Internet stuck in “neutral”?

An OpEd in Forbes says net neutrality rules could block innovation that can offers more services at a lower cost. Everett Ehrlich was a former undersecretary of commerce in the Clinton administration. In his piece, he writes that net neutrality could be keeping consumer bills higher than they might be otherwise:

Moreover, getting rid of “neutrality” would lower consumers’ bills. That’s because the Internet is something economists call a “two-sided market.” A newspaper such as USATODAY is such a two-sided market – it charges advertisers to reach its readers, and it charges its readers to see its advertisements.

If a newspaper wasn’t allowed to take money from its advertisers, the reader would have to pay more. It’s the same with the Internet; if a provider can’t charge the big websites for a premium connection (if they want one) then the consumer has to pay instead, meaning consumers subsidize the companies sending big data packets.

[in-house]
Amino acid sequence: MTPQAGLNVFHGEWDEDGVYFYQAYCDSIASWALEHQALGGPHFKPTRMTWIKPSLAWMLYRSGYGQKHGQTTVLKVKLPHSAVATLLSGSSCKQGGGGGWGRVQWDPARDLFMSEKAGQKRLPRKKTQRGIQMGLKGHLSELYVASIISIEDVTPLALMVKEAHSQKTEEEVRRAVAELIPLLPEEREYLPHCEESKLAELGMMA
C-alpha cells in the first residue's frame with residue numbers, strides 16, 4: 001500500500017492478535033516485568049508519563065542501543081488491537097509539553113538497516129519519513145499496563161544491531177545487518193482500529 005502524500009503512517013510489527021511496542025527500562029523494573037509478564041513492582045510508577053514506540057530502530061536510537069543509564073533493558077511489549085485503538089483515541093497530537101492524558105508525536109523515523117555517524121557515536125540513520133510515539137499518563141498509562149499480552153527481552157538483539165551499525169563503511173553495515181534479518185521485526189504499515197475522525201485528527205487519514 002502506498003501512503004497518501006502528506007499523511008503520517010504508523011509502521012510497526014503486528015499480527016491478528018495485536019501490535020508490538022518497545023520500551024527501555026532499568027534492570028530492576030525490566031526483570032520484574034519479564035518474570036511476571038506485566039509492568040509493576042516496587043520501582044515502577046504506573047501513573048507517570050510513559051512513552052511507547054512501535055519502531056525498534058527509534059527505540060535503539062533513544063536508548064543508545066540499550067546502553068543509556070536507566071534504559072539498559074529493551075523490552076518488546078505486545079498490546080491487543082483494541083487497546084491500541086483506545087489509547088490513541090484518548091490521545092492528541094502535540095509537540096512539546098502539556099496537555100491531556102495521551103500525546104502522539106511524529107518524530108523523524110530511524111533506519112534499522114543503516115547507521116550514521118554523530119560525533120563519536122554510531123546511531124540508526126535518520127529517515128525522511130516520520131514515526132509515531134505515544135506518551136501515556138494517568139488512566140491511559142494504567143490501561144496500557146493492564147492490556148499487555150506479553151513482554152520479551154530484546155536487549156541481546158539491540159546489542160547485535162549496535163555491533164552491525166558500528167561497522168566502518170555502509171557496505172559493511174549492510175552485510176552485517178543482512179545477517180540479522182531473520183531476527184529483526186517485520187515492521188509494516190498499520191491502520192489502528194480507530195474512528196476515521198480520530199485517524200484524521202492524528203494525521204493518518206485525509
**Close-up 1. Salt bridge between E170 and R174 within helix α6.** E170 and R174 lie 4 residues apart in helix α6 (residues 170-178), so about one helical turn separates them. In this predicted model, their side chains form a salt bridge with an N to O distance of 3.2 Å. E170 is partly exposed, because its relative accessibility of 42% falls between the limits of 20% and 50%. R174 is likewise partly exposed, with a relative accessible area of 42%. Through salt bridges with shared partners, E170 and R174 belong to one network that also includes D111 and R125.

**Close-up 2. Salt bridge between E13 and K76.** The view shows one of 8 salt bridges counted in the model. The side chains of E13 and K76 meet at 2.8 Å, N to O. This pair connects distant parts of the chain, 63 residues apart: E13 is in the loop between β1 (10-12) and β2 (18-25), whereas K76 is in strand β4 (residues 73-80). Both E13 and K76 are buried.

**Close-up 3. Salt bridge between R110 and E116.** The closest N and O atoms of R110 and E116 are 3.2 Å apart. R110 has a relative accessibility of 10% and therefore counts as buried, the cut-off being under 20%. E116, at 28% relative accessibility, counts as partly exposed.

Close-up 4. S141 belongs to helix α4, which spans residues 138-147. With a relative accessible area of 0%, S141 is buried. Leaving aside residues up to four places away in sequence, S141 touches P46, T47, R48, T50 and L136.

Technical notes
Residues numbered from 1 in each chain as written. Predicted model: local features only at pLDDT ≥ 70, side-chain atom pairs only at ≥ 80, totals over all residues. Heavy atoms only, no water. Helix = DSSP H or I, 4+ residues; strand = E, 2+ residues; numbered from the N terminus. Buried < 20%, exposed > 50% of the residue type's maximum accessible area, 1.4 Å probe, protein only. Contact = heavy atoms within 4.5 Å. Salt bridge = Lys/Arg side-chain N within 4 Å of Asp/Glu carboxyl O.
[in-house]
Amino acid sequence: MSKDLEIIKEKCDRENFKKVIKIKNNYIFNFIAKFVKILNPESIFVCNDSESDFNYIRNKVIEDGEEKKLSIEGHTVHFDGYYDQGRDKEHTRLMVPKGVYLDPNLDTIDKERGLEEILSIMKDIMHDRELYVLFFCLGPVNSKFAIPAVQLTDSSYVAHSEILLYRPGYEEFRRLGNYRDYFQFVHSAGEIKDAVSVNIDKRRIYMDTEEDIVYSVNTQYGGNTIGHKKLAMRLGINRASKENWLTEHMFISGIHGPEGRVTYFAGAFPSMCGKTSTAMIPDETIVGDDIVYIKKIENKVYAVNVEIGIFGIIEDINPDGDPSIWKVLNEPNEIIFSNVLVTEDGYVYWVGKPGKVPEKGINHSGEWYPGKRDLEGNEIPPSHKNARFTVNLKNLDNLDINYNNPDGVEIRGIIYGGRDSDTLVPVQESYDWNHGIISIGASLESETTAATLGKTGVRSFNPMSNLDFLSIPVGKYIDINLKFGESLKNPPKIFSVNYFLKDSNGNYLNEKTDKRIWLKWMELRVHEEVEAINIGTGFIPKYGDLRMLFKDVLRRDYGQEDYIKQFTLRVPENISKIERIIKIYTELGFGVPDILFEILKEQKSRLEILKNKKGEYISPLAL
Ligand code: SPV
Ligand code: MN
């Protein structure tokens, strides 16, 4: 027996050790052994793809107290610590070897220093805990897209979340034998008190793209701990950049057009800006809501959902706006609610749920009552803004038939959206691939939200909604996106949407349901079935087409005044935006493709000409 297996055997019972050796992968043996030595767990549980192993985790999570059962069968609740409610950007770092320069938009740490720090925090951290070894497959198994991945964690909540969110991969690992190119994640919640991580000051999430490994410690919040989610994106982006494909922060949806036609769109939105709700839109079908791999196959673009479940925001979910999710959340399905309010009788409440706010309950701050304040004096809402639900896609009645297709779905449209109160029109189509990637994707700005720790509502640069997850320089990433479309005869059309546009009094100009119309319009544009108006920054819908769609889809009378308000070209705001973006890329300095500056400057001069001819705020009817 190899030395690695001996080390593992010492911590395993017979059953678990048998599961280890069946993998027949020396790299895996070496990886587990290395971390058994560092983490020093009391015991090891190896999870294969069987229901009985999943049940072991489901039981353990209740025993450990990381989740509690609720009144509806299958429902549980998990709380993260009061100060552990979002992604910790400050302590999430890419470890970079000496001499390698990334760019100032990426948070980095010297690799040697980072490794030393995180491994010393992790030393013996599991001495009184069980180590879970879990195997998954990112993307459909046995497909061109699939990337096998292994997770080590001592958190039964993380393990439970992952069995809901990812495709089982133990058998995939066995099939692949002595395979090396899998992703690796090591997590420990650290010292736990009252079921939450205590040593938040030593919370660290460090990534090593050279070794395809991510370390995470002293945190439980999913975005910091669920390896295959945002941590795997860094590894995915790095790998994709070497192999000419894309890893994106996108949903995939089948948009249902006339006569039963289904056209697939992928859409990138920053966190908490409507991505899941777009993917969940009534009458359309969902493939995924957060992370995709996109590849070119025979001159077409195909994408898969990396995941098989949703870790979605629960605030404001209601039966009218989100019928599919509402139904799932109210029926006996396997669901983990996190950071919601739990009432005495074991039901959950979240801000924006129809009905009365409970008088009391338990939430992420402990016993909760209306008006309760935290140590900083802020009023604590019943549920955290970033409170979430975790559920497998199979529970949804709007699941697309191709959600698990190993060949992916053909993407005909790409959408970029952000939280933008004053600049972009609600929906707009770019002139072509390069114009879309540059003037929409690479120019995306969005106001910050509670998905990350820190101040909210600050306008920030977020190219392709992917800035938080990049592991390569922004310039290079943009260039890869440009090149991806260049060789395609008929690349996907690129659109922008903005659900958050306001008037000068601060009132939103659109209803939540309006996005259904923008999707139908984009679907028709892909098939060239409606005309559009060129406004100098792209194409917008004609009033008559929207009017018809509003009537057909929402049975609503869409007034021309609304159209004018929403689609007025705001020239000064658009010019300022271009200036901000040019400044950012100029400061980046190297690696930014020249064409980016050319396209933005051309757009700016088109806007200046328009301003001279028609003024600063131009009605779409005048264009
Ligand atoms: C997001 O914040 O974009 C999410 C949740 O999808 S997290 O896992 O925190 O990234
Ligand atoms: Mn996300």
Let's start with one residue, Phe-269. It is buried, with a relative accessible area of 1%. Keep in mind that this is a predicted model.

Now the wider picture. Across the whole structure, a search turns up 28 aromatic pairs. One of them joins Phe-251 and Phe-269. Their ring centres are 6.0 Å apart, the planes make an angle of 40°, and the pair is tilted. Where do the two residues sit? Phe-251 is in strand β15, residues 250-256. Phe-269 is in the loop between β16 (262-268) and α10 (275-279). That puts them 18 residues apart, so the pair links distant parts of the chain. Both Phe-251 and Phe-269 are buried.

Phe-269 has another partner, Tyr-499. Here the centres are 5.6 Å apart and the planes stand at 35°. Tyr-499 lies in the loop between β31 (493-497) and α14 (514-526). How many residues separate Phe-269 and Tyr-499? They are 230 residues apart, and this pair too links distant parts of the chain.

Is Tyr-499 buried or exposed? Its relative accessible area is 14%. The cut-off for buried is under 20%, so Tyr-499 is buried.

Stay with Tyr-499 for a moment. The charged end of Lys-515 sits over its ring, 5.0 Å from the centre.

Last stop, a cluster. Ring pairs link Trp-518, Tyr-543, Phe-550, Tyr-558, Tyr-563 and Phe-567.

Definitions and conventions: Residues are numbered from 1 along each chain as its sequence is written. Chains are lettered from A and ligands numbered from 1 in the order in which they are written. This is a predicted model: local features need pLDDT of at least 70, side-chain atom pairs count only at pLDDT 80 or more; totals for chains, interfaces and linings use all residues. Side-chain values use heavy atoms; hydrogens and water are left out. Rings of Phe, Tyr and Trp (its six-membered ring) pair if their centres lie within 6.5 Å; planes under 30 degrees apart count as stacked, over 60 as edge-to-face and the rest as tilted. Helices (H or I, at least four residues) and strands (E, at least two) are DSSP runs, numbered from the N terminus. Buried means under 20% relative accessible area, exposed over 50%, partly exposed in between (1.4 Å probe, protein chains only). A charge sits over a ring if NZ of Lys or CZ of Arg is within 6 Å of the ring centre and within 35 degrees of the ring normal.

Ehrlich is looking for the new FCC Chair to “end this tired debate” in the United States. “The rules that governed e-mail two decades ago won’t bring us the new services that lie ahead, and an Internet stuck in “neutral” isn’t going anywhere.”

What are the implications for Canada? The CRTC imposed the world’s first regulations on what we call Internet Traffic Management Practices more than 4 years ago? Will we retain the quaint principle from the email era dictating that a heart monitor connecting “a patient to an online medical service crosses the Internet no faster than a video of a cat playing the xylophone”?

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